Guest Contributors,  Path of Death,  Series

Day 28: Reorientation

Written by Cale Baker

Lent has been a time of reorienting, and specifically, I’ve found God reorienting my heart towards giving up things that aren’t really mine.

Part of the human condition seems tied to our innate tendency to try to make everything our own. As children, we never seem to share our toy because “it’s mine.” When we grow up, our interests change, but our tendency to possess stays the same. We have a good idea, and think that it’s our idea and that we’re wise. We build something, and we claim our construction as our own. We get a new job, and suddenly it becomes my job and no one else’s.

For the last year or so, I’ve been planning for a big school project, and I just started working on the proposal. It didn’t take long to get into the process and realize I’ve been trying to take hold of this project as my own; I want my ideas to come together beautifully into a nicely packaged creation that I’ll be able to call mine.

When we become possessive over our actions and creations, our hearts start to warp, and our identity gets tangled with all the wrong things. We start to feel a deep pressure to continue creating, to continue having wise ideas, to continue thriving in our jobs. These actions and creations become our own little gods, and we lost sight of who we are and why we’re doing these things in the first place. To be clear, I’m not trying to downplay the fact that our actions and creations are a central part of our individual identities. But, I am saying that I have been making it a habit of possessing my actions creations and orienting my heart to these ends, instead of orienting my heart to a heavenly end.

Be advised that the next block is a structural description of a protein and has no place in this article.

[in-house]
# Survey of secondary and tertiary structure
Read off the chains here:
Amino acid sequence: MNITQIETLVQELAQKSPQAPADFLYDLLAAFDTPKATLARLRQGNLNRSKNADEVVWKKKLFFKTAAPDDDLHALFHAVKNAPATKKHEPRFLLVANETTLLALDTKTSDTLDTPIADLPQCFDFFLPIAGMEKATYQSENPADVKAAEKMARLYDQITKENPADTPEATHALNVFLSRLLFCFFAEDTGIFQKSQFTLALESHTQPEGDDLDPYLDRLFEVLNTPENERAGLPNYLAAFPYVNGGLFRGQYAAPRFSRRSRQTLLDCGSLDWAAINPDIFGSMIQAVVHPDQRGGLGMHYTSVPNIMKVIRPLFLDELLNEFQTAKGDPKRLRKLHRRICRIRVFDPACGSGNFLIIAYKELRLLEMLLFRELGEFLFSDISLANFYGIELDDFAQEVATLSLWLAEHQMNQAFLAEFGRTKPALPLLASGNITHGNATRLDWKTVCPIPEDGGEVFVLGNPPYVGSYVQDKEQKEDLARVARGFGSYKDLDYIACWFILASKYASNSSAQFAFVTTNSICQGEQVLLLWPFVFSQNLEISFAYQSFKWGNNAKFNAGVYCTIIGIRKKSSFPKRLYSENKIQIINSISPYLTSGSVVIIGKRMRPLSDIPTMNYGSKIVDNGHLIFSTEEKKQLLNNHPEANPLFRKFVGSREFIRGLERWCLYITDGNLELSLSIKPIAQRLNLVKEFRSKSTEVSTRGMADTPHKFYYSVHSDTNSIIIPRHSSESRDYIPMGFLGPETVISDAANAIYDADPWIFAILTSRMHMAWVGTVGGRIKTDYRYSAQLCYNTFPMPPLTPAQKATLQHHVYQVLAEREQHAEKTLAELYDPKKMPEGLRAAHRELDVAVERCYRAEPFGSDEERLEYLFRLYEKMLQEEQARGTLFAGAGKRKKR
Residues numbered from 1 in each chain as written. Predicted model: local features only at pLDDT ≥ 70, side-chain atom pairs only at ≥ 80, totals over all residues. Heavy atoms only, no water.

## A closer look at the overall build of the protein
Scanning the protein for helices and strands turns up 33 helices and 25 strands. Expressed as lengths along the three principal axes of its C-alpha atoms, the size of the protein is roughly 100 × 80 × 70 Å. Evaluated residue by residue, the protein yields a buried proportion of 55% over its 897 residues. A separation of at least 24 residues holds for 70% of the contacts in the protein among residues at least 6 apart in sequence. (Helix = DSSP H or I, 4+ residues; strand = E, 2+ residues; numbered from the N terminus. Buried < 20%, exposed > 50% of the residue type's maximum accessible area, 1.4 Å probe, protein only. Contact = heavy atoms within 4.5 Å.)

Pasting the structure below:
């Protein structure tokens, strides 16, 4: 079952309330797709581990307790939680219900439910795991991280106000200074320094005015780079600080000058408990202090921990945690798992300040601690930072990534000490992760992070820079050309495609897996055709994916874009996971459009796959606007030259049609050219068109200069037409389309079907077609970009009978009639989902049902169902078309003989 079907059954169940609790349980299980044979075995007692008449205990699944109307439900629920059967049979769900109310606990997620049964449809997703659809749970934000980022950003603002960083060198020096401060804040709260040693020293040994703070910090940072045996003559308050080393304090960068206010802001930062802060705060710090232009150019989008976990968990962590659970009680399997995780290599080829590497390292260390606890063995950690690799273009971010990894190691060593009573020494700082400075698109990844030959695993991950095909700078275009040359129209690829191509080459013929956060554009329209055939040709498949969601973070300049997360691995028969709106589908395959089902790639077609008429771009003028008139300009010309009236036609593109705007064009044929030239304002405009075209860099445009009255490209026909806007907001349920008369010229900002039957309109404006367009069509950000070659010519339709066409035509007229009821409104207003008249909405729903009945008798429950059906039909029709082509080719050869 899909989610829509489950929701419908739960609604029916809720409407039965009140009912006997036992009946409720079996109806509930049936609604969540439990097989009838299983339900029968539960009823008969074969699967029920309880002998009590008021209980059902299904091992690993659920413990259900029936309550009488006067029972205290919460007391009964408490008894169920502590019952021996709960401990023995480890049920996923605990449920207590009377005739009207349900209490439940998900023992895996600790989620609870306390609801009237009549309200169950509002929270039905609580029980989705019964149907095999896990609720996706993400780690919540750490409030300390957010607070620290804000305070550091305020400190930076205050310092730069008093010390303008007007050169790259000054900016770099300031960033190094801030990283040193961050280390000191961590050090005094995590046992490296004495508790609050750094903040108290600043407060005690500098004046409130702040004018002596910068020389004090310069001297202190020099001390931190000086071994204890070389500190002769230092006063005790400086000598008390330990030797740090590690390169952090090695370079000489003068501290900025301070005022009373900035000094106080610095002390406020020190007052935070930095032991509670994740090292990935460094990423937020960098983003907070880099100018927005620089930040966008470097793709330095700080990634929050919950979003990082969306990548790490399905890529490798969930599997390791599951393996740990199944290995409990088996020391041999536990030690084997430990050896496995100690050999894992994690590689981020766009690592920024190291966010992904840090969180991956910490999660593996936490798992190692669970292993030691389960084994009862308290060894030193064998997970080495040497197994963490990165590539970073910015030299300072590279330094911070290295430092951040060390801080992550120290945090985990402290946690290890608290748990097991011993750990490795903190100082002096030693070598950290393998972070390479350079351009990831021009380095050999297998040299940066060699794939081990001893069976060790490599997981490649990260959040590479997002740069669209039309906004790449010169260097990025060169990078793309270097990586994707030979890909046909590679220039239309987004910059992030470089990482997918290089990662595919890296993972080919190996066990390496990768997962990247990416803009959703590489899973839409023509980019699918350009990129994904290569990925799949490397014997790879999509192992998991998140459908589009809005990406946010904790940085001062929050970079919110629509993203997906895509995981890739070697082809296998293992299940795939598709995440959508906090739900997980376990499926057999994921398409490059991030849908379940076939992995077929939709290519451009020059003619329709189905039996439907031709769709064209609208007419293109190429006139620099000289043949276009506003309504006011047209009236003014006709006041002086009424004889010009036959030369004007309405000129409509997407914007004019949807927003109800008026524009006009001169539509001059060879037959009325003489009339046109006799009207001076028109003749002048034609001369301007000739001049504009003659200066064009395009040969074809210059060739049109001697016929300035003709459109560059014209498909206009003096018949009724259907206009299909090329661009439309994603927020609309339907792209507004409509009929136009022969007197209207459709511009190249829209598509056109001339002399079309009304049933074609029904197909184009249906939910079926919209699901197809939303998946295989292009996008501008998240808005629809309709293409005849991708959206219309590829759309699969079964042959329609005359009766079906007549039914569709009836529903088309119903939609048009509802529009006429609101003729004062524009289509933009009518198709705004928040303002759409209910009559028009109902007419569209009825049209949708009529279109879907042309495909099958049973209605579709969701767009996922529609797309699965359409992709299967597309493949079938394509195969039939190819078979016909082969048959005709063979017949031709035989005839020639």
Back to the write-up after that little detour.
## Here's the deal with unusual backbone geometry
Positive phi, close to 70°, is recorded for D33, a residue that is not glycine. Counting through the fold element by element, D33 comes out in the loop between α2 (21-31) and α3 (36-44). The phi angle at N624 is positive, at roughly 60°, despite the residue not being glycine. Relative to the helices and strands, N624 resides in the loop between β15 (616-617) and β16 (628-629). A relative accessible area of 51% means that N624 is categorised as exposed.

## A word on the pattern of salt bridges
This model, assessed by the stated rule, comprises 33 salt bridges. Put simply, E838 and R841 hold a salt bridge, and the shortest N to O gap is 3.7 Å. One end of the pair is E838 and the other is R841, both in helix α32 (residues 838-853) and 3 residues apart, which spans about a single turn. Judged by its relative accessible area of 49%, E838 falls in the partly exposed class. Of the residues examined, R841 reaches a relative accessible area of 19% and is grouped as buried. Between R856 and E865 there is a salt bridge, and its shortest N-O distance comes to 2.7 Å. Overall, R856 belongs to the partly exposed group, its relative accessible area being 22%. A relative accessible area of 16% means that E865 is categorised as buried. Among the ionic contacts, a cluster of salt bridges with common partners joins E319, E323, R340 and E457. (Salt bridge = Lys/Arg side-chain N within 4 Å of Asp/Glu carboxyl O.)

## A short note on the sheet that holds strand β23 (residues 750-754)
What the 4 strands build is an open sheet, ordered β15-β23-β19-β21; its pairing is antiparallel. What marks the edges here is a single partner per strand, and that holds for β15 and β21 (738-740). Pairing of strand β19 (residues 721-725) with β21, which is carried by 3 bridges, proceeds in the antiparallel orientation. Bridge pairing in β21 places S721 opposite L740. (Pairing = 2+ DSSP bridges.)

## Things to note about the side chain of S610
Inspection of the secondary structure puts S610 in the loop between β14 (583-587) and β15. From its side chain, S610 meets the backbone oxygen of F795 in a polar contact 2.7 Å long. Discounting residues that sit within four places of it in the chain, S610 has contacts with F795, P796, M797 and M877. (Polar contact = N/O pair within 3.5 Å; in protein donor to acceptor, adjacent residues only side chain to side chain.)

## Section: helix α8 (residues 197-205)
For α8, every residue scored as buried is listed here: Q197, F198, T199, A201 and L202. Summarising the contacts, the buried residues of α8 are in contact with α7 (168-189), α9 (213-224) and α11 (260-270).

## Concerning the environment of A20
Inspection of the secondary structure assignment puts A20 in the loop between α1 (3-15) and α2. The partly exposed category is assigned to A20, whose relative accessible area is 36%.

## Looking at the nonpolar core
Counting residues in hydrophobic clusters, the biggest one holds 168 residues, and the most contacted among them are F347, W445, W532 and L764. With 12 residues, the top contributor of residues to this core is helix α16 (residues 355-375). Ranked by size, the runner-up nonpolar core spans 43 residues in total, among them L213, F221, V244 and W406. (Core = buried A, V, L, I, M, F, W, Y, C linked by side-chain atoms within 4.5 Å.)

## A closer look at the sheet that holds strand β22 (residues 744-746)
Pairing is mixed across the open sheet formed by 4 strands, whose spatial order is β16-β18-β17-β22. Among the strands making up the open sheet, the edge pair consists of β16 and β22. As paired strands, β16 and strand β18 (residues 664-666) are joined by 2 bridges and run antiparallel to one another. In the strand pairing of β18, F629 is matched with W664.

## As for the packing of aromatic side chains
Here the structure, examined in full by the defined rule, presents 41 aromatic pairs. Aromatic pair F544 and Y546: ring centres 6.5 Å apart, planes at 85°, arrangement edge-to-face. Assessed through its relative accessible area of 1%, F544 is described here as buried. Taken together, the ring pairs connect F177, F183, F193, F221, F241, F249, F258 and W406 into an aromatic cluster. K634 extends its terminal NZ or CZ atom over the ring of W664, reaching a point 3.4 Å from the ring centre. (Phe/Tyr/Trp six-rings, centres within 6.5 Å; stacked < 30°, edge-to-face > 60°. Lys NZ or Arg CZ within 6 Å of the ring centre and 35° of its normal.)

I was reading Deuteronomy 6, and God helped use His words to reorient my heart to the God who holds all things in His hands. He’s teaching me to let go of my creations because they’re not really mine to hold. The beginning of Deuteronomy 6 urges the people of Israel to love the LORD their God with all their heart, soul, mind, and strength. Then, the chapter moves into what God wanted for Israel when they moved into the Promised Land:

Deuteronomy 6:10-15 “And when the Lord your God brings you into the land that he swore to your fathers, to Abraham, to Isaac, and to Jacob, to give you—with great and good cities that you did not build, and houses full of all good things that you did not fill, and cisterns that you did not dig, and vineyards and olive trees that you did not plant—and when you eat and are full, then take care lest you forget the Lord, who brought you out of the land of Egypt, out of the house of slavery. It is the Lord your God you shall fear. Him you shall serve and by his name you shall swear. You shall not go after other gods, the gods of the peoples who are around you—for the Lord your God in your midst is a jealous God—lest the anger of the Lord your God be kindled against you, and he destroy you from off the face of the earth.

God reminds the Israelites that though He brings them into the Promised Land, everything there was built and fostered by others. Though he gives them the land, he urges them to remember Who brought them into the land, and Who the land truly belongs to. Much of Israel’s narrative thus far has been aimed at getting the Israelites out of Egypt and into the Promised Land; yet, God urges the Israelites not to orient their hearts to the land. Instead, he urges them to orient their hearts to Him, and Him alone.

God has given me certain responsibilities in which I do indeed get to create, but I’ve been orienting my heart in such a way that I’ve tried to make those creations mine. God is showing me that they’re not really mine. They’re His, and I get to be a part of the process.

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